burning at a monastery on Sunday, but authorities issued a ban shortly

before it was to take place, according to TibetInfoNet, a group based in


The Dalai Lama, a winner of the Nobel Peace Prize, fled Tibet amid an

aborted uprising against Chinese rule in 1959 and is routinely accused by

Beijing of being a religious charlatan and separatist bent on gaining

independence for Tibet.

The Dalai Lama has said repeatedly that he does not want independence for

Tibet - only more autonomy.

On Friday, 37 Nobel laureates released a joint letter released an open

letter to China's President Hu Jintao urging China to grant autonomy to its

western Tibetan regions, citing Hong Kong as an example of China's "one

country, two systems" approach.

The Wildlife Trust of India, which helped expose the use of endangered skins

in Tibet, said two Chinese and seven Tibetans were arrested for the


"These events are significant for us as they show the world and especially

to China that Tibetans all over listen to the Dalai Lama and are willing to

make sacrifices if he wishes so," said Choephal, the monk who smuggled out

the videos of the burning.


The Israel Democratic Institute Presents Constitution to the Dalai Lama


By Charmaine Millott, Epoch Times, Feb 21, 2006

Tel Aviv, Israel -- Last Friday, at a historical meeting entitled "Reinventing Compassion," the Israel Democratic Institute presented the Dalai Lama with a draft of the new Israeli Democratic Constitution, to which the Dalai Lama contributed to the introduction. The constitution is known as Constitution by Consensus . It is a book that has been coming under fire by a number of Israeli factions.

Professor Arye Carmon, president of the Israel Democracy Institute, opened the meeting speaking of the differences between that need to be accepted and of compromise.

Several prominent Israeli scholars, business people and others were at the meeting that is a historical event for democracy in Israel. Among them were Meir Shamgar, President of the Supreme Court [Emeritus]; Tali Lipkin-Shahak, journalist; Linda Gradstein [NPR]; and Professor Avia Spivak, Deputy Governor of the Bank of Israel. They posed a number of interesting questions to the Dalai Lama.

The Dalai Lama noted the strength, education and history of the people of the young nation. The country has a lengthy history but as a nation is very young. However, he warned of having expectations when democracy is introduced to the nation as something that will only bring on disappointment. The idea is to accept the problems and deal with them as they arise, as some may not be predicted.

" I believe this should be adopted as the constitution of the nation," the Dalai Lama mentioned with assurance.

Various prominent members of the Israeli community proceeded to ask him a variety of questions ranging from violence, cheap labour, and the economy to the Chinese occupation of Tibet.

With regards to violence the Dalai Lama explained that only with each circumstance should right and wrong be judged, as the larger communities should practice justice. He stated that Buddhists only use violence on rare occasions since peaceful means take precedence. He feels peaceful means are the best for a long-term solution, and the use of violence is only a temporary solution, while we need to focus on our motivation and goal. He stressed that totalitarian regimes often fail because they war with human nature and are the most violent of all regimes.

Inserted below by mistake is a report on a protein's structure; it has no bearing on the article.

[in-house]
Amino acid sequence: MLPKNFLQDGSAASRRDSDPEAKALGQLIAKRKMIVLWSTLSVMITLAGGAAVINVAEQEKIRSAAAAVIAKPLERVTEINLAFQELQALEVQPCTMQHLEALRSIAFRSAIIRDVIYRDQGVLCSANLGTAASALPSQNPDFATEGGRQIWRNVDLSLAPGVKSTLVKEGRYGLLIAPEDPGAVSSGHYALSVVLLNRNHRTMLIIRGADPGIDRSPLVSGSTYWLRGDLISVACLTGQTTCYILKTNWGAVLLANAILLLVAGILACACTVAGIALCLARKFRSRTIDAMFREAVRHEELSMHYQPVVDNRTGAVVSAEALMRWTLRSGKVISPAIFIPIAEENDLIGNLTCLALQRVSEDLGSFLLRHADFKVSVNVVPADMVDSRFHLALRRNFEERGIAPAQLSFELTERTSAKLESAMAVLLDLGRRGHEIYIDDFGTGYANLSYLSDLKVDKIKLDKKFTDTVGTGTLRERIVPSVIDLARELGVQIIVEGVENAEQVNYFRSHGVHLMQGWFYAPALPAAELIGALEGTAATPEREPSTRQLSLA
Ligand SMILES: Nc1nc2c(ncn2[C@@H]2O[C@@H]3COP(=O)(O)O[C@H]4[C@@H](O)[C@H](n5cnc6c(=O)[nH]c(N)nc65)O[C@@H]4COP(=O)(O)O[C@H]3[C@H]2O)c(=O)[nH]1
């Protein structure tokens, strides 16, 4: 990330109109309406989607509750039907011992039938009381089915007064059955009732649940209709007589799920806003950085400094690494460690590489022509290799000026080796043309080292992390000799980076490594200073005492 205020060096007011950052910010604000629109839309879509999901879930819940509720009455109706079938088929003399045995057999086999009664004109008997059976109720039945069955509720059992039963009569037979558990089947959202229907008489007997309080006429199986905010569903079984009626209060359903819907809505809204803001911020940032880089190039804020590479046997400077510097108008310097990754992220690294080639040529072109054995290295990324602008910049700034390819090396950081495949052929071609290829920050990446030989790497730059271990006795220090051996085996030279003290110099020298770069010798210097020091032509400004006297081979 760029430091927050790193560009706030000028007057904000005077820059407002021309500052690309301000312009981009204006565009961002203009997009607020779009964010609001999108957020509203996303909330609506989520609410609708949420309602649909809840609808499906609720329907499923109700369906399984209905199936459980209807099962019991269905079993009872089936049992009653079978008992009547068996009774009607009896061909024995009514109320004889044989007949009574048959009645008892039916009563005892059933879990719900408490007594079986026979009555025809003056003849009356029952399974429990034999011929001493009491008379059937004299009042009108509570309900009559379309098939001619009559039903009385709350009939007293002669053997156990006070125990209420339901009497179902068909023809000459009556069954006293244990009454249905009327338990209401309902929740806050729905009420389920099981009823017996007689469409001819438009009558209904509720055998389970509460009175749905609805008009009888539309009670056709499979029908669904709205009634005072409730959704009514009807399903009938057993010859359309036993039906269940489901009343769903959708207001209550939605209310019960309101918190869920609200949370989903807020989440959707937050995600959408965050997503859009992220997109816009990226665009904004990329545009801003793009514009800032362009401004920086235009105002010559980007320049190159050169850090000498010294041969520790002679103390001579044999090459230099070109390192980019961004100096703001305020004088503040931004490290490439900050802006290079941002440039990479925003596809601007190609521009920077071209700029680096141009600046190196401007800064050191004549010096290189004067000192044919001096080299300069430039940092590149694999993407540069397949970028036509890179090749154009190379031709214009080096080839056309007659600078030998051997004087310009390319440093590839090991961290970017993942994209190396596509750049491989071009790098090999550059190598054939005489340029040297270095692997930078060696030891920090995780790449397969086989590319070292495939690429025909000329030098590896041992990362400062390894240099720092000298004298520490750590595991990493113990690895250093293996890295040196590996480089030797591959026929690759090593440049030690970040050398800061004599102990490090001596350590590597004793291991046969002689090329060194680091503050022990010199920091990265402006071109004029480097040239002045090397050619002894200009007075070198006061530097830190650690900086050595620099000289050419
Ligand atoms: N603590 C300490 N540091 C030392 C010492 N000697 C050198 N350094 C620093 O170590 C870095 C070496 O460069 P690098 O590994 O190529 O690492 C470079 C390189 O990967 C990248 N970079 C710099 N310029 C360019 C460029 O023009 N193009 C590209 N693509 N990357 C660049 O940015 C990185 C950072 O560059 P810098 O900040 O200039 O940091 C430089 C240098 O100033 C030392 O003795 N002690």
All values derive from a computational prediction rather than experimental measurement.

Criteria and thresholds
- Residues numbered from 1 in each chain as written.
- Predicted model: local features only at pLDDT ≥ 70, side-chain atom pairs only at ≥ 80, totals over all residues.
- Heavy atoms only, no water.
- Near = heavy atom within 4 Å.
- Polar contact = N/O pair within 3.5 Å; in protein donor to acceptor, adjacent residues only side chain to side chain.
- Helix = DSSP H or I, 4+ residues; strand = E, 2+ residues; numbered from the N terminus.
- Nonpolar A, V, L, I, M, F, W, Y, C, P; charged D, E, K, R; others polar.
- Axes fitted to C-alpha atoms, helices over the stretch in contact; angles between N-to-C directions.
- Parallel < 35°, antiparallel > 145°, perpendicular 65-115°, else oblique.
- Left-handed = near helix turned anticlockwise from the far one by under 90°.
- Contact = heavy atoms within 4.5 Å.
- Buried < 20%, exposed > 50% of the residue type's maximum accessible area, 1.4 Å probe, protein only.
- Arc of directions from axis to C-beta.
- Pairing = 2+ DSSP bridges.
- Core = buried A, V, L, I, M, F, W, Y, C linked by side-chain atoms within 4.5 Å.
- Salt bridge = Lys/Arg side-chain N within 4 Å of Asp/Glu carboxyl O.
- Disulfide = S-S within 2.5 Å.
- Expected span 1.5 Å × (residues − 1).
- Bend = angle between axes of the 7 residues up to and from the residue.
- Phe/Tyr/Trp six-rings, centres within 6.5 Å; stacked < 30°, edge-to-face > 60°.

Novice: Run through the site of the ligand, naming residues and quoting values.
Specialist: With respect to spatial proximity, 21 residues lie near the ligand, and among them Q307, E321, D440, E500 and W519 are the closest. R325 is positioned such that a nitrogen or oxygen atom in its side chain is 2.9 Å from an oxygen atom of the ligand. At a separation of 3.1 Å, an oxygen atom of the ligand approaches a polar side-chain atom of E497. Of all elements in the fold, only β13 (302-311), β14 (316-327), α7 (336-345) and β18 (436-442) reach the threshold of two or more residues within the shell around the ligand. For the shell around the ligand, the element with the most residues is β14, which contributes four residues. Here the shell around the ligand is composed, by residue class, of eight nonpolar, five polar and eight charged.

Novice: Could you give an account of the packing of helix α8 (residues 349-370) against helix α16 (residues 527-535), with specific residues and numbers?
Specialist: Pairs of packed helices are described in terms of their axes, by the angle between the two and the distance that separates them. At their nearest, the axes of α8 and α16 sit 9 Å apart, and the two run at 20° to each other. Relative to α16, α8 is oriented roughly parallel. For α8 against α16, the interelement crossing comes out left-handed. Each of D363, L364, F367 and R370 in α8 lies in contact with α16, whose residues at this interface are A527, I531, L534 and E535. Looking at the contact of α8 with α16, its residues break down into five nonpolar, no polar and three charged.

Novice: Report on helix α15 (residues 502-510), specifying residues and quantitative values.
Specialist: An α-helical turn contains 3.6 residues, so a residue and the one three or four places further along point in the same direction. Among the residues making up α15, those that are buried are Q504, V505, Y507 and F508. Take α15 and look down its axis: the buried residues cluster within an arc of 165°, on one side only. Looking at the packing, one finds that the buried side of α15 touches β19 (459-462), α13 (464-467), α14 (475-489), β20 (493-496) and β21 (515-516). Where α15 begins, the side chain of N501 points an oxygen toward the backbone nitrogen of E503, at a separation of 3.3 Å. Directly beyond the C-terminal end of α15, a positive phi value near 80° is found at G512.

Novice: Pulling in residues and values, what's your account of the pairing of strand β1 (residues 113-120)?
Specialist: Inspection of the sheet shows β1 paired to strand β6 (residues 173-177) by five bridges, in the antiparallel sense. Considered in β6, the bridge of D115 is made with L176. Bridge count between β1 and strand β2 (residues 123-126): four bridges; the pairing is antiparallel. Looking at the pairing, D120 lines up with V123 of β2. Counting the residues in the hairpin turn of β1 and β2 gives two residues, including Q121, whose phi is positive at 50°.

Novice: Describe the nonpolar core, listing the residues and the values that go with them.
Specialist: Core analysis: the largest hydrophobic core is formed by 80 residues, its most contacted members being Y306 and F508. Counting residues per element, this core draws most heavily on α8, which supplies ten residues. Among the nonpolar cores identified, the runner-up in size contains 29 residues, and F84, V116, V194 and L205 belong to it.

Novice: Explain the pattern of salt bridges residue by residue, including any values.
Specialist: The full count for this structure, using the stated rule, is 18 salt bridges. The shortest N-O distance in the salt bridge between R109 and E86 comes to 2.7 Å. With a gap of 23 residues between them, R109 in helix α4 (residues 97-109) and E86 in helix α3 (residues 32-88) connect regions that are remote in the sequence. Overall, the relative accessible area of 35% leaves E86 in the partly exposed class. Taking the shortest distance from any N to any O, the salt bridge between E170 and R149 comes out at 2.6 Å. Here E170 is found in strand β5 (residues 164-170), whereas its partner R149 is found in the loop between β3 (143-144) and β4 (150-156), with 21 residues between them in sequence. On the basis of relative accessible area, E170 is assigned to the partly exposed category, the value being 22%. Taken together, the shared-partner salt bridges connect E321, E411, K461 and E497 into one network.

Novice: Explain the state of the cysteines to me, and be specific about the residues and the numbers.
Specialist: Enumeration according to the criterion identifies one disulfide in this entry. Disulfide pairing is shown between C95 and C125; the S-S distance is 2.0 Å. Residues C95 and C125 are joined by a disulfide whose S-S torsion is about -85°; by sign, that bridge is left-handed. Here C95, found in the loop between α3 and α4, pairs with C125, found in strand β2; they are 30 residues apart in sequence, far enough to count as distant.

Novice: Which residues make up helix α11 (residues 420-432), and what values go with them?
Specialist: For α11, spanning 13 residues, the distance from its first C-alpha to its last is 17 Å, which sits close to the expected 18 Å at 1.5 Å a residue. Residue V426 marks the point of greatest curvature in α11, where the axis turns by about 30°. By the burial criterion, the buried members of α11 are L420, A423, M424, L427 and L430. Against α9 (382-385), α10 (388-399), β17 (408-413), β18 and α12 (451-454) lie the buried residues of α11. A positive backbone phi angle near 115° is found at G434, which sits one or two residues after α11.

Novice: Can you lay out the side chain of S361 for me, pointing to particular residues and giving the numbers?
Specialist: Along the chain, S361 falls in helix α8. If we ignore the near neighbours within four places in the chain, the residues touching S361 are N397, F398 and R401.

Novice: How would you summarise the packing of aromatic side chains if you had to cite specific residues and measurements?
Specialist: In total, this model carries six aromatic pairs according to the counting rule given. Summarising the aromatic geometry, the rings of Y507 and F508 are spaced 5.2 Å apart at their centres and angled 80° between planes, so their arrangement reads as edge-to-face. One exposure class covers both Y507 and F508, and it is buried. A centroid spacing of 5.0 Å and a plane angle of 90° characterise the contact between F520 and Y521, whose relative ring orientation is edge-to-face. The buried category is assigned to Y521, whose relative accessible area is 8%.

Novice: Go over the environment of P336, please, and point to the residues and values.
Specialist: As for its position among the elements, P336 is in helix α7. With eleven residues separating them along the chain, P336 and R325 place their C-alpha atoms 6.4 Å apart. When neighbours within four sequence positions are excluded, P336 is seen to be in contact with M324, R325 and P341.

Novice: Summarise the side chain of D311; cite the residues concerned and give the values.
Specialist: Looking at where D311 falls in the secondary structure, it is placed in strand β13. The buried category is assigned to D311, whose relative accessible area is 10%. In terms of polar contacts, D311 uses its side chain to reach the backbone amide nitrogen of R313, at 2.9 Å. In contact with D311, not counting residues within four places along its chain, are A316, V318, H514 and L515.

As the meeting began to focus on the Chinese occupation of Tibet, the Dalai Lama mentioned that his institution will continue but will relinquish its power to the Tibetan government once the Chinese release control of Tibet. The reason he provided focused on the concept of religious institutions not being political. Each Tibetan community should elect a government, he suggested, as he talked about the Indian government in 1963, drafted a constitution, while two thirds of the government removed the power of the Dalai Lama.

He turned his focus to the Chinese invasion of Tibet and mentioned, even though, the Chinese government has restricted Tibetan Buddhism, it has flourished and more people practice in China. The Chinese government takes the view that Tibetan Buddhism separates Tibet from China.

He expressed grave concern for Tibetan culture being eroded by the Chinese government that makes Chinese the official language taught in schools and enforces Chinese to be spoken in shops, which are predominately owned by Chinese. As in Mongolia, there are more Chinese in Tibet than the native Tibetans. He expressed this as " cultural genocide."

The meeting turned to focus on terrorism.

"Can you uproot terrorism? I do not think so. Physical elimination is not the answer. There is only one way to uproot terrorism; it must be done through the heart," replied the Dalai Lama.

He reasoned that as one terrorist is killed more people who support them become angry and we create more terrorists for the future. Their hostility has accumulated over many years and is based on jealousy of the western world, which is wrong, the Dalai Lama cited. The solution would be to work hard and become educated to overcome the jealousy.

He felt that pressure might be necessary for Israel to use when dealing with the Hamas government. However, they should wait to see what happens first. He said that most of the population does not want violence and the solution would be to offer a hand to work for non- violence methods.

He inquired," Why does the population agree with the Hamas?"

When talking about the connection of peace and economic cooperation he felt that cooperation must be improved since new circumstances in the economy are important. History has been that the European Union cherished sovereignty. As the world develops to be one community, unified forces are cooperating more with each other. This can be obtained by creating schools where children from all ethnic backgrounds attend school together. Thereby, creating equal schools, communities and environments.